Some thoughts about camera clubs photo competitions
When photography became an increasingly important part of my life, I was looking for educated feedback on my images that might help me improve. First I joined 500px, then later Instagram to show my work. However, I felt that neither of these sites were the right place to get honest and educated feedback that would actually help me get better.
Then I discovered a local camera club, Morris PhotoColor Club, a town over from where I live, and quickly became a member. They run educational programs and competitions where members submit images to be critiqued and judged by an outside judge. 
The competitions run in three levels : Entry, Advanced and Salon. New members start in Entry and move up to Advanced and Salon based on points earned in competitions. A good judge will take the levels into account when judging, and be a little bit more tolerant with the 'Entry' group, and progressively harder with the more experienced "Advanced" and "Salon" groups. 
The members each submit up to three photos across two categories, usually "open" (anything goes), and an assigned subject for the week, such as Action, Street, Abandoned, Birds and/or Wildlife etc. The  judge goes through all the submitted images within level and category, comments and rates each photo in a first pass. A photo can get a 6, or 7:
6 means the photo either got disqualified, for example because it didn't meet the assigned subject, or because it's not good enough. Not good enough could be because it's technically not up to snuff, for example it's not sharp were it needs to be, blown out highlights, artifacts, bad cloning etc. Or the image doesn't have an identifiable subject (more on that further down in this post). 7s get reviewed in a second pass, and are assigned scores of 7 - no prize, 8 - Honorable Mention, or 9 - Equal Merit Award. 
After that, the winning images, 8s and 9s, get replayed, the photographer's name is revealed and everyone claps. The names of the photographers whose image didn't get a 8 or 9 are not revealed, and nobody got humiliated in public. This also allows members to take risks and submit images that they might not be sure about. 
After the competition has concluded, the participants fill out a survey about how they felt about the judge. Was he fair, consistent, easy/hard, constructive etc. The anonymized feedback is consolidated and shared with the judge, and it also helps the club decide if they want to invite that judge again next year.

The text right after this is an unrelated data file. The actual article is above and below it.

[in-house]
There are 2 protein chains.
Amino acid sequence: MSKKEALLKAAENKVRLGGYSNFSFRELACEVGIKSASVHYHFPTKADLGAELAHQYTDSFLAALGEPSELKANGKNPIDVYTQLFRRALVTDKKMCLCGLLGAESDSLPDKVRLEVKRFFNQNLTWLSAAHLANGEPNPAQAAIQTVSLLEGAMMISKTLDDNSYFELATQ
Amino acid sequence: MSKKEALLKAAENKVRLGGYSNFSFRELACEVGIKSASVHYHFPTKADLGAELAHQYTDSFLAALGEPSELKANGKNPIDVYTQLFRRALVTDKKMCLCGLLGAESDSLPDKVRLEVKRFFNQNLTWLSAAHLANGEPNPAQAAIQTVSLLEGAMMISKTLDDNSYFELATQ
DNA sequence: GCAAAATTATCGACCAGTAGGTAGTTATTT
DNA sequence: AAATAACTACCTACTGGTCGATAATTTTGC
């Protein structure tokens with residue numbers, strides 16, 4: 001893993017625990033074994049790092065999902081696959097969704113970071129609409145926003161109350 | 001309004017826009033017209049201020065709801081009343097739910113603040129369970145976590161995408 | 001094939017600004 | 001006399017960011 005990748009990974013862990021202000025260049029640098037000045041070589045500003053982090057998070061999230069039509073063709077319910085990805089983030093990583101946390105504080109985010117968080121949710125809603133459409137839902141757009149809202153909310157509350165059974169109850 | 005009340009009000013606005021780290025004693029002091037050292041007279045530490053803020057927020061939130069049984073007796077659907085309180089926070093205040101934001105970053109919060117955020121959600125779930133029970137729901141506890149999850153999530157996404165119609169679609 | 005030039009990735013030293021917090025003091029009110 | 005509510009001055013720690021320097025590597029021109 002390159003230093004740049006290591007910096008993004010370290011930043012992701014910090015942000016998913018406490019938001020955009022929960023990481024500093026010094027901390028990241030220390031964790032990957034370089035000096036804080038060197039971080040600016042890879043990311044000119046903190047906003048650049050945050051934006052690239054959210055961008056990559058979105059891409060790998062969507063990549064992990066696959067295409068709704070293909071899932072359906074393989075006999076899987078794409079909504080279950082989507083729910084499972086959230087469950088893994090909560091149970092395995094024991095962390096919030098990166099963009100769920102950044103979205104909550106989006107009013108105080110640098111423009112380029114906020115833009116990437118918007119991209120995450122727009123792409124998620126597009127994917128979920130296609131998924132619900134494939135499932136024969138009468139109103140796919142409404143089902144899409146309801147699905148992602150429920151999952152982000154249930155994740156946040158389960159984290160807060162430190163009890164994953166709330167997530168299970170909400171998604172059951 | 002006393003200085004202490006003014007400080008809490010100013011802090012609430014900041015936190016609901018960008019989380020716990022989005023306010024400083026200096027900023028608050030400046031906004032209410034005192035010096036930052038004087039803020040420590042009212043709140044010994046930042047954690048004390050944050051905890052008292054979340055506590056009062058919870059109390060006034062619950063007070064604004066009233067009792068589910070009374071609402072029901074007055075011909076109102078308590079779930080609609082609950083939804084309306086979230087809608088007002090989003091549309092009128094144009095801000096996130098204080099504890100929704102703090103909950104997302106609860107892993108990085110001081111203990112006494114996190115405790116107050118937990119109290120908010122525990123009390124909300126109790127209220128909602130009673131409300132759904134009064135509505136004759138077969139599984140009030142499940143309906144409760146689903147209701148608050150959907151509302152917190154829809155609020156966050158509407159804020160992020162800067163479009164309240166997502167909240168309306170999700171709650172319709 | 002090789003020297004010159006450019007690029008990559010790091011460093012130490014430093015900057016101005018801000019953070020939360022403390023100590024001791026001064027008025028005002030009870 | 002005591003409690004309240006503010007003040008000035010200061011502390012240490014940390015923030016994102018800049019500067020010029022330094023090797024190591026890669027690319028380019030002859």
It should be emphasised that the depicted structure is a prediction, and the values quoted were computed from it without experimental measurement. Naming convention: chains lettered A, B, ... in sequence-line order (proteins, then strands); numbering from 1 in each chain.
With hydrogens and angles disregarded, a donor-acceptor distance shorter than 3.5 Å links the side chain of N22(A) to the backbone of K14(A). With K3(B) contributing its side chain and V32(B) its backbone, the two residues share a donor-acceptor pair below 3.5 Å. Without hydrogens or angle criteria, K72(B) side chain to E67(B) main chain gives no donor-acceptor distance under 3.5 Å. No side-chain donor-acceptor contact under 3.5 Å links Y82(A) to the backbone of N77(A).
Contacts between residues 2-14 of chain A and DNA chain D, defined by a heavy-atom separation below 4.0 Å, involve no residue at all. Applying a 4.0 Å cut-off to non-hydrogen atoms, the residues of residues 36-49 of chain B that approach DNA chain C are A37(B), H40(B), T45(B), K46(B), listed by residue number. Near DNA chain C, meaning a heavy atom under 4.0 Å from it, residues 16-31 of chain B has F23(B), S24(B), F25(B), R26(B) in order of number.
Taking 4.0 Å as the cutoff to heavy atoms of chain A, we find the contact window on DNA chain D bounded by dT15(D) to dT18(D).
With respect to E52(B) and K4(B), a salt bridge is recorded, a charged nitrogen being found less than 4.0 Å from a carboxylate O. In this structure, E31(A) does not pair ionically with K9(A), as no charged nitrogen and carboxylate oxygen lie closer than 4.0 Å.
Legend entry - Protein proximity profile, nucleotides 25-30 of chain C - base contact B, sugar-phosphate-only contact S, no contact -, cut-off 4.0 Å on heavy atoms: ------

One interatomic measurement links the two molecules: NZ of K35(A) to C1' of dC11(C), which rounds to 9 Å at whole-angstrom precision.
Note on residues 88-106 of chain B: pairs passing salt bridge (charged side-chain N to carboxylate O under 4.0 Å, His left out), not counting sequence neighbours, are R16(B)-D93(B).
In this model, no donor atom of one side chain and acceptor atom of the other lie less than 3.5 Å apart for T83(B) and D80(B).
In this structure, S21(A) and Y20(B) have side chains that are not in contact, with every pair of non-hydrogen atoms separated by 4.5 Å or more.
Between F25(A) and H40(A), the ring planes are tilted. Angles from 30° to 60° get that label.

Q: Do competitions help you become a better photographer?
A: Absolutely, and without reservations 'Yes'.
Judges themselves have been serious photographers for many years, they go through trainings from camera club associations, they know what good photography is, and what is just a snapshot. So critiques are at least somewhat informed. Secondly, and I think that's a big one, because the competitions are anonymous, they can be honest and frank with their critique. Only the names of the makers of winning images get revealed. So the judge can be honest and frank about an image without embarrassing the maker in public. 

Q: What is the benefit of competitions?
A: The biggest benefit for me is the comments from the judges, good and bad. Some judges are more verbose than others, and go through great lengths giving advice on how, in their opinion, the image could be improved. Over time, one keeps hearing the same comments about images, and patterns crystalize on what makes an image successful and what doesn't. Of course, this is not scientific, the critique is subjective, and sometimes I don't agree with a judge. There are also judges that have a lane, like bird & wildlife photography, and have difficulty judging other genres, like Abstracts. But for the most part, and especially over time and as a collective, they are correct with their assessments. 
Q: What have I learned from participating in competitions?